The SOP identifies the key reason for such delays in filing claims as the lack of receipt of timely information regarding initiation of CIRP by the concerned Zonal office. Therefore, the SOP lays down certain guidelines to be followed by the Insolvency and Bankruptcy Board of India (“IBBI”) as well as the GST and Customs Authorities to ensure timely filing of claims during the CIRP.
GUIDELINES LAID DOWN BY THE SOP
The SOP primarily provides a mechanism for the Zonal office to receive information regarding CIRP in a timely manner, through which the IBBI would regularly share the details of public announcement of CIRP to an identified office, officer or a centralized system.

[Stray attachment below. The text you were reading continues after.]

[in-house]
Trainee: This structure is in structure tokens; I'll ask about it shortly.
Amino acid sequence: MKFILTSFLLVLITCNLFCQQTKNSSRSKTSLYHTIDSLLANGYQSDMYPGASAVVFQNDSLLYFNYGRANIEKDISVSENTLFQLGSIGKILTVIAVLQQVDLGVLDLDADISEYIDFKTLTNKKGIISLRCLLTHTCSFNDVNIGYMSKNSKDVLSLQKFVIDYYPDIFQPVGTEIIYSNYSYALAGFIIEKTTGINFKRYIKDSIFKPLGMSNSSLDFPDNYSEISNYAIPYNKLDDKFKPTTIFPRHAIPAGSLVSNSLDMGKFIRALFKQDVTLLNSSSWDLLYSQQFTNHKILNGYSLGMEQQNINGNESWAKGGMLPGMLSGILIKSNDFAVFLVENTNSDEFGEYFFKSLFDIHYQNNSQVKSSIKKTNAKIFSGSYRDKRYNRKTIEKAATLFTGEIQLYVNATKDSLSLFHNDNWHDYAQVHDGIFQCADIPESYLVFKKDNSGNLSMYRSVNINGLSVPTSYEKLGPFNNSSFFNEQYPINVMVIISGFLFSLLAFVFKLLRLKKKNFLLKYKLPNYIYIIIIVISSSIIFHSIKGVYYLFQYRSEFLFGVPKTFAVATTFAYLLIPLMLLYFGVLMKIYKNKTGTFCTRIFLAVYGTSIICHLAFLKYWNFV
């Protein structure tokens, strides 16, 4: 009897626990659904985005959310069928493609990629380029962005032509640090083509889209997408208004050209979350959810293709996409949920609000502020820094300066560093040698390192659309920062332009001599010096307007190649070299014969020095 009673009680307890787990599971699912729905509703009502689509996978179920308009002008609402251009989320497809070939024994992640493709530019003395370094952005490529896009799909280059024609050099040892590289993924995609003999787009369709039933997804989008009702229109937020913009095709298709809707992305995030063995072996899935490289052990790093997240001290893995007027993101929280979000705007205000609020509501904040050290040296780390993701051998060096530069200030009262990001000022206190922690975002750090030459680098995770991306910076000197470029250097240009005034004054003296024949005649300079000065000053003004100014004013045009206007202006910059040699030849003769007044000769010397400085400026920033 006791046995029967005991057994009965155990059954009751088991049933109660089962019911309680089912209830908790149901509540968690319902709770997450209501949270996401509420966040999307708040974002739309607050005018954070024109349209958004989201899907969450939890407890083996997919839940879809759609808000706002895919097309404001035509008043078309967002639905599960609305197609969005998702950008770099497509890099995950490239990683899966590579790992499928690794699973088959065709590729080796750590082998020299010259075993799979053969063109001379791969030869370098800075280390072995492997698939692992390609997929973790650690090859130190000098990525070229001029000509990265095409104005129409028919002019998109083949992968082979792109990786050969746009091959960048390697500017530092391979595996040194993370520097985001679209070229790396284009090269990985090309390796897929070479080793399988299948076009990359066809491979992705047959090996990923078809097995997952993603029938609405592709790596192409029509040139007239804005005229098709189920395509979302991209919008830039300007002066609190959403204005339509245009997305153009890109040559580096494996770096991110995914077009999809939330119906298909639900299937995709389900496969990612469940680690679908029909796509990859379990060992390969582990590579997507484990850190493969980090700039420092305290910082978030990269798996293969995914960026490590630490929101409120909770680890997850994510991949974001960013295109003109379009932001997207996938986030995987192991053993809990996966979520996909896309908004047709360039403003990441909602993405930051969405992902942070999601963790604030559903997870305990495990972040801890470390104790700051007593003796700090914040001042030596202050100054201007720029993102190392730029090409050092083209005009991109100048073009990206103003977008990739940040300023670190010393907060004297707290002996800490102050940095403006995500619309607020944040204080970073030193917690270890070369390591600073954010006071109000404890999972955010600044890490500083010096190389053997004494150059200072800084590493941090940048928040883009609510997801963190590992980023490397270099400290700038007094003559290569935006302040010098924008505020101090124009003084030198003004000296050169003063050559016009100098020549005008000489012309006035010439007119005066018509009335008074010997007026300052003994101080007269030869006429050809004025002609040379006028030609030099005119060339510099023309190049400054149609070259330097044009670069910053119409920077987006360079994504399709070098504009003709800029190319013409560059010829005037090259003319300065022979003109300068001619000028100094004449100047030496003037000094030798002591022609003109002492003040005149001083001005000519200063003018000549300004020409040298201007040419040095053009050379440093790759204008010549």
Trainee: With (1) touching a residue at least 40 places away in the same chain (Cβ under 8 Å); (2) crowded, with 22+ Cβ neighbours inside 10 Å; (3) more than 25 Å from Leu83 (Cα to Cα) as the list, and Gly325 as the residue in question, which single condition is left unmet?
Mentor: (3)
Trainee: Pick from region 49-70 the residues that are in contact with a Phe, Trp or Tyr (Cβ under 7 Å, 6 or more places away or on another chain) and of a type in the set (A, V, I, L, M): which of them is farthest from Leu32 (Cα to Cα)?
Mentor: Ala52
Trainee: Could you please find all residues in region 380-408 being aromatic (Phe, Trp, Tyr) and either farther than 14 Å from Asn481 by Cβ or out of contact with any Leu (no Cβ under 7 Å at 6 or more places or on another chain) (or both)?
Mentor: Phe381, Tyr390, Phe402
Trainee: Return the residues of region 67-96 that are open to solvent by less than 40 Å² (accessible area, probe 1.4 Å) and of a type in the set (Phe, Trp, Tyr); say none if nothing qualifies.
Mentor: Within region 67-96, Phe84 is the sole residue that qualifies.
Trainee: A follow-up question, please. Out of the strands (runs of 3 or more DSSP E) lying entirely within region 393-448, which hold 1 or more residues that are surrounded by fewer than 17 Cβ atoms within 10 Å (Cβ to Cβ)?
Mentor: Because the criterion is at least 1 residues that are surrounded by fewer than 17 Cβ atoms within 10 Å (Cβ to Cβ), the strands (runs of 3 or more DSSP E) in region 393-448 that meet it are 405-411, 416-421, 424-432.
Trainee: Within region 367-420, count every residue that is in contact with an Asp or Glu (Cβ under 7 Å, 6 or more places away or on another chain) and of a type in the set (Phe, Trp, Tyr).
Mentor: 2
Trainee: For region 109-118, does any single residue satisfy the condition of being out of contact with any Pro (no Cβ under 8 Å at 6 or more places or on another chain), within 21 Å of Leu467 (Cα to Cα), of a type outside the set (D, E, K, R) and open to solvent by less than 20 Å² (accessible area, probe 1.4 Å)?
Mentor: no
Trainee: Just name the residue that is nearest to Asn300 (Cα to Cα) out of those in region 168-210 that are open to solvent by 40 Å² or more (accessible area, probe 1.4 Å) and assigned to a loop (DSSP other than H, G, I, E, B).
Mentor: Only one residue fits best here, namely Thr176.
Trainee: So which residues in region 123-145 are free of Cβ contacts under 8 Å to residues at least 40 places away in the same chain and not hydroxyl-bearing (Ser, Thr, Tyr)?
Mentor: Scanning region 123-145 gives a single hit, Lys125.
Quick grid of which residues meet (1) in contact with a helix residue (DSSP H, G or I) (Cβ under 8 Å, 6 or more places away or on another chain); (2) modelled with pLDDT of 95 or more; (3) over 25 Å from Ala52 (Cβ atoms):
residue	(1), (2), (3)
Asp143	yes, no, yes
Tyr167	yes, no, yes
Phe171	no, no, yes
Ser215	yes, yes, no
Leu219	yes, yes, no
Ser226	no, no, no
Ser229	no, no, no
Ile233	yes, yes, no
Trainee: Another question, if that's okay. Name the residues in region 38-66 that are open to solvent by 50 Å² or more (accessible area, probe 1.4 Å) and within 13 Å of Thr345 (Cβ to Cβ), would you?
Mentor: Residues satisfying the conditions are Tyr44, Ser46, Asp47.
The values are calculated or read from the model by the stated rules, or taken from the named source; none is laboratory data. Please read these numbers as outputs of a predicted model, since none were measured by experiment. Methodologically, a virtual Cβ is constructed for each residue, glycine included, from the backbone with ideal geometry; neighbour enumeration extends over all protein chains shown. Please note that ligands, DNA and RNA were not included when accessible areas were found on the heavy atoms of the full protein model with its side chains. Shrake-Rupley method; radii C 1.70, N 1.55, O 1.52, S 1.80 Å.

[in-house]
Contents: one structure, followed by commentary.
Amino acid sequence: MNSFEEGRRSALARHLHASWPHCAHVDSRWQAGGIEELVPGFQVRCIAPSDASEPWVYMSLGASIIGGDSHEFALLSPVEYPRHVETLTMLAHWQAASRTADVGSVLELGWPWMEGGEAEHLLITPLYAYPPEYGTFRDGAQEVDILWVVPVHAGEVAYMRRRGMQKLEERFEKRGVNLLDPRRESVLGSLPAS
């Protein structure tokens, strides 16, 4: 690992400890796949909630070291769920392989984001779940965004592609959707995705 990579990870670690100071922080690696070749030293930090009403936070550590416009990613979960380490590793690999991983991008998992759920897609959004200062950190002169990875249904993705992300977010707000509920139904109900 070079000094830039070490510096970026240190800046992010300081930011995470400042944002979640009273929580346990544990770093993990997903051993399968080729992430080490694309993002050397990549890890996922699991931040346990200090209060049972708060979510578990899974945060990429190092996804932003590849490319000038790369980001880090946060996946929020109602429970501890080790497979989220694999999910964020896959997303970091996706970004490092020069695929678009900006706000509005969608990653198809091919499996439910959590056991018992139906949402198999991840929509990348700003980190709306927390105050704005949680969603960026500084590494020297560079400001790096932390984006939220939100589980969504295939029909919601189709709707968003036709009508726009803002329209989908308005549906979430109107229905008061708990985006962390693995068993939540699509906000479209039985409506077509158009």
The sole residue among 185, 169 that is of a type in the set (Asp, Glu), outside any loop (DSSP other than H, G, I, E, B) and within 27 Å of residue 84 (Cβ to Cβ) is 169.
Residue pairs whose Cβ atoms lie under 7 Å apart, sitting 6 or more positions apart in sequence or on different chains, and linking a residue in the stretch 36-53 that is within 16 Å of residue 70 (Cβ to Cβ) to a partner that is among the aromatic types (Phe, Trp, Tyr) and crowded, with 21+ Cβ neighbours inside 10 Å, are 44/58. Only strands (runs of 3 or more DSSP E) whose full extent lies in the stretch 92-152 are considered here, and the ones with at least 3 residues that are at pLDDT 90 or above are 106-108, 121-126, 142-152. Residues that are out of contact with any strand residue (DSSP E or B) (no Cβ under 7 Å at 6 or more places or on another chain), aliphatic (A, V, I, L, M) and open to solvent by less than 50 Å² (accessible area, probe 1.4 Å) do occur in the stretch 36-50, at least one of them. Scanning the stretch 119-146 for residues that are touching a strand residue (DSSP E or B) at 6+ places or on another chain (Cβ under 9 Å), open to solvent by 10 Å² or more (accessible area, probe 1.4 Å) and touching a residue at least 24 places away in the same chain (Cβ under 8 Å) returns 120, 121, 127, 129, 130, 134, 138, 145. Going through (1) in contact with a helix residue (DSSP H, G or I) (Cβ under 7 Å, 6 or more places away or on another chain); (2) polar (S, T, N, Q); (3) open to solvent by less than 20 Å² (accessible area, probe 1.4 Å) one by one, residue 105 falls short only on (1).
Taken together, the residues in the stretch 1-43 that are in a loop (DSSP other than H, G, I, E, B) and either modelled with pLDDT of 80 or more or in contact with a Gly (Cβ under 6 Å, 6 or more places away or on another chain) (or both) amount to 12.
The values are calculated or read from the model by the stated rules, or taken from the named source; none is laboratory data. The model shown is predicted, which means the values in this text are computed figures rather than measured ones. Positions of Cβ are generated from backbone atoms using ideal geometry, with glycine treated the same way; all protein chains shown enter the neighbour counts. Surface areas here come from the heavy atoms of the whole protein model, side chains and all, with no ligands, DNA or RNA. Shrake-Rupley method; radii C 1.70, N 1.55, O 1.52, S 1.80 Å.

For this purpose, CBIC has designated the Additional Director General (“ADG“) of Directorate General of Performance Management (“DGPM”) as the identified officer, to be referred to as the Nodal Officer.
The Nodal Officer shall receive all information pertaining to initiation of CIRP of a corporate debtor from the IBBI on a dedicated email ID accessible by the Nodal Officer. For assistance, the Nodal Officer may nominate the Joint Commissioner or Additional Commissioner of Tax Arrear Recovery, DGPM as an alternate Nodal Officer.
Within two working days, the Nodal Officer will disseminate the information he has received to all Zonal Principal or Chief Commissioners through official email, with a copy to the relevant Principal Commissioner or Commissioner.